Focusing on three cities in the US, SDSN also launched a working paper that examines efforts to localize the 2030 Agenda. The paper titled, ‘The USA Sustainable Cities Initiative: Lessons for City-Level SDG Action,’ synthesizes lessons learned in the pilot cities of New York, San José and Baltimore, through their experiences in integrating the SDGs with strategy development, partnerships and data. The paper offers step-by-step guidance for other cities developing their own strategies, particularly in the face of constrained public resources, and an ‘SDG Mapping Worksheet’ to help cities apply the lessons.
At the country level, a Devex Q&A with Marjo Bruun, Director-General of Statistics Finland, outlines how time use survey data can tackle inequality, with a focus on gender. Bruun notes that such surveys can fill gaps around employment statistics by enabling more accurate measurement of the amount and duration of paid employment, while also giving information on volunteer and informal work. She emphasizes that in developing country contexts, donors and data users need to be involved from the start in order for time use surveys to affect policymaking, and flags the need to raise finance from several sources, given the associated cost of collecting data from such surveys.
On indicators, the Global Partnership for Education highlights new ways of measuring progress towards SDG 4 (quality education), following a meeting of the Global Alliance to Monitor Learning (GAML) convened by the UN Educational, Scientific and Cultural Organization’s (UNESCO) Institute for Statistics (UIS). The post recognizes UNESCO’s role as the lead agency in developing indicators, methodologies and statistical approaches towards monitoring SDG 4, offers a primer on the GAML’s work, and summarizes key discussion points from the GAML meeting. The blog also reviews the status of specific indicators under Goal 4, and identifies lingering questions on data gaps, the consolidation of datasets and the development of simple monitoring tools that can be used in a decentralized manner to capture learning outcomes.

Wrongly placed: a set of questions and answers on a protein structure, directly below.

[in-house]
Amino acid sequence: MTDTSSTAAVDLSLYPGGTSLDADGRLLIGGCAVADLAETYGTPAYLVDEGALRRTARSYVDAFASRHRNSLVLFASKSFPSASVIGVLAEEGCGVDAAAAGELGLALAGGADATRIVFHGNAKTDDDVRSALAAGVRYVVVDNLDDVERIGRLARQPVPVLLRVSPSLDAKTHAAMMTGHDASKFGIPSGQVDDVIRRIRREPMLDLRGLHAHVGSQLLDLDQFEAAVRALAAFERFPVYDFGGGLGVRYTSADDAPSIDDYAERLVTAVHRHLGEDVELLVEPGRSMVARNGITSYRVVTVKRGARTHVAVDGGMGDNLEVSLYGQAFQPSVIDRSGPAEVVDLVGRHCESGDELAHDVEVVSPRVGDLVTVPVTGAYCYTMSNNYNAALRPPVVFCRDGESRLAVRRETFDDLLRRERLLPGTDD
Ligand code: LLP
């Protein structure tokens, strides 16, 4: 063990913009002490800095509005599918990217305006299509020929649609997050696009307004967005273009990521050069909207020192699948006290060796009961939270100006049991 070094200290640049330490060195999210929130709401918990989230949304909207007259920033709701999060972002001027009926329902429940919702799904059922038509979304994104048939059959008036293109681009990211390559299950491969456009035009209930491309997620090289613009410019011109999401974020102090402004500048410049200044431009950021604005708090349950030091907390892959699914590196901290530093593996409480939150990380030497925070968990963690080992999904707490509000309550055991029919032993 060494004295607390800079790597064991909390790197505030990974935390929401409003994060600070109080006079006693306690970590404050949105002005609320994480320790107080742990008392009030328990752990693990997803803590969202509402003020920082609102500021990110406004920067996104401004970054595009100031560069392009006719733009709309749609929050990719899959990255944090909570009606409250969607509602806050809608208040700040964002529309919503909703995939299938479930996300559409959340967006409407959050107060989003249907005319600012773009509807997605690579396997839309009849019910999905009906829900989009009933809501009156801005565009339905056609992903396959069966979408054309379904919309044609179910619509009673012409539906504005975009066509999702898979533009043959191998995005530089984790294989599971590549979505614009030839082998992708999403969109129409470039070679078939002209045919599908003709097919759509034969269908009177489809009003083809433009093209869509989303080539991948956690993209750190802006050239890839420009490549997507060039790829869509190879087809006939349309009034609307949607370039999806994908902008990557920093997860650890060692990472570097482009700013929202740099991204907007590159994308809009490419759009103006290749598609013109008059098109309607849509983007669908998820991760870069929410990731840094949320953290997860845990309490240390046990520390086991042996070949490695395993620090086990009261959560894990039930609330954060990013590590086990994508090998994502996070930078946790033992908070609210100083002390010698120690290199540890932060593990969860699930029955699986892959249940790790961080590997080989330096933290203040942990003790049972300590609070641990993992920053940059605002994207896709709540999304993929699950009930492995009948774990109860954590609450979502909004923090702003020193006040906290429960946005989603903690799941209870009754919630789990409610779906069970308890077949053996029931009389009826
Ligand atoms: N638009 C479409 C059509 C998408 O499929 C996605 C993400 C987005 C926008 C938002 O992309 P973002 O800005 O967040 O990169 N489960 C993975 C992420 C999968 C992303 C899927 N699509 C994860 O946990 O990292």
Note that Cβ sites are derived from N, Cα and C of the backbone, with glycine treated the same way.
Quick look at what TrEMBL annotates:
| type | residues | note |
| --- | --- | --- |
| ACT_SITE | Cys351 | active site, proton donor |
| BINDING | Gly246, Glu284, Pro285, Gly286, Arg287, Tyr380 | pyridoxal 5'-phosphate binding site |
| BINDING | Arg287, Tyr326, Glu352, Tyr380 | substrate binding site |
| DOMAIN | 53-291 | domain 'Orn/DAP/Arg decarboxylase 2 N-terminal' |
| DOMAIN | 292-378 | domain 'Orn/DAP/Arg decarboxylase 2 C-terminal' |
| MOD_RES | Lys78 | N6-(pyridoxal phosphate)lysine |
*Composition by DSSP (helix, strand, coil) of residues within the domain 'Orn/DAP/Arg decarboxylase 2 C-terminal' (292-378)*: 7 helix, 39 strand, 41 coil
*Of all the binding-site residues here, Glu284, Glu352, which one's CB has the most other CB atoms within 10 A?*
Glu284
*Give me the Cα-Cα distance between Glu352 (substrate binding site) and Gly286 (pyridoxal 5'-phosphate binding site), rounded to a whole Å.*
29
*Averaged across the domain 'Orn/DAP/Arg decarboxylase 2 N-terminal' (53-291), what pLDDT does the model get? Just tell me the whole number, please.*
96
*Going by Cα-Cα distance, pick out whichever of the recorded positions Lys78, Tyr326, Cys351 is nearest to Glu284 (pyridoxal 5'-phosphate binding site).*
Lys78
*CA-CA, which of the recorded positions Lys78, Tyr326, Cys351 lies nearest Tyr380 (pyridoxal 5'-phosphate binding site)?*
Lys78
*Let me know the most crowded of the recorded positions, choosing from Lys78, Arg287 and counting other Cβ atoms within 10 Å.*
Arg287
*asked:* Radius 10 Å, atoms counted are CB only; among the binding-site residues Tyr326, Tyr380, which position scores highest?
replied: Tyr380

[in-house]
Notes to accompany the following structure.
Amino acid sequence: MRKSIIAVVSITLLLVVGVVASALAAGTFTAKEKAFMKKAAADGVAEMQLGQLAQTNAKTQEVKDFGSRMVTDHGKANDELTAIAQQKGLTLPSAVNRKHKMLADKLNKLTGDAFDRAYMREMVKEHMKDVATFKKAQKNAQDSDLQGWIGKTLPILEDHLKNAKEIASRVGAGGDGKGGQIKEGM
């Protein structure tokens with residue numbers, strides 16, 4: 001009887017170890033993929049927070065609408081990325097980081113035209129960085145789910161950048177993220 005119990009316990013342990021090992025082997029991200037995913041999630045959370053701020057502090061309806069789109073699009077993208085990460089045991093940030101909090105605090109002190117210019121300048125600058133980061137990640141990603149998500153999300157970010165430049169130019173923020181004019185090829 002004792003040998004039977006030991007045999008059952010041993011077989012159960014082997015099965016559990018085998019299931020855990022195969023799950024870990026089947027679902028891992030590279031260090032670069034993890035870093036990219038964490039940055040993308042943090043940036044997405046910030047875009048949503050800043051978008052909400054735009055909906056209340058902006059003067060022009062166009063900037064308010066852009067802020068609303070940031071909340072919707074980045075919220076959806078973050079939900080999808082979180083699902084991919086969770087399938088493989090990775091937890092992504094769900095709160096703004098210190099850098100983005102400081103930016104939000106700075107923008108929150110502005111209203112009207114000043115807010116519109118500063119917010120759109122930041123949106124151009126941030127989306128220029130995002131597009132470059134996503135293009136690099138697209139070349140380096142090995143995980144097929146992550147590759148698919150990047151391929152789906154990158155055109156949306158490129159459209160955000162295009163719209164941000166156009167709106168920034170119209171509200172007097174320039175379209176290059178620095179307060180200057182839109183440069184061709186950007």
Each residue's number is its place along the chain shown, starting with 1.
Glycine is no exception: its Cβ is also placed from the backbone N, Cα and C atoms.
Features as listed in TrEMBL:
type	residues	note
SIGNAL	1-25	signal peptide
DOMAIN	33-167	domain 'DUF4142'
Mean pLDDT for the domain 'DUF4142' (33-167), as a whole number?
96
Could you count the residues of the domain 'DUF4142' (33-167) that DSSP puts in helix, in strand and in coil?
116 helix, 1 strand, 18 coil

On the overall SDG indicator framework, the UN Inter-Agency and Expert Group on SDG Indicators (IAEG-SDGs) held its eighth meeting from 5-8 November 2018, in Stockholm, Sweden. The meeting reviewed: tier reclassification of 15 indicators; data flows, disaggregation and global data reporting; and the use of proxy indicators for indicators currently classified as Tier III (lacking a methodology or data). The latest tier classification is available here.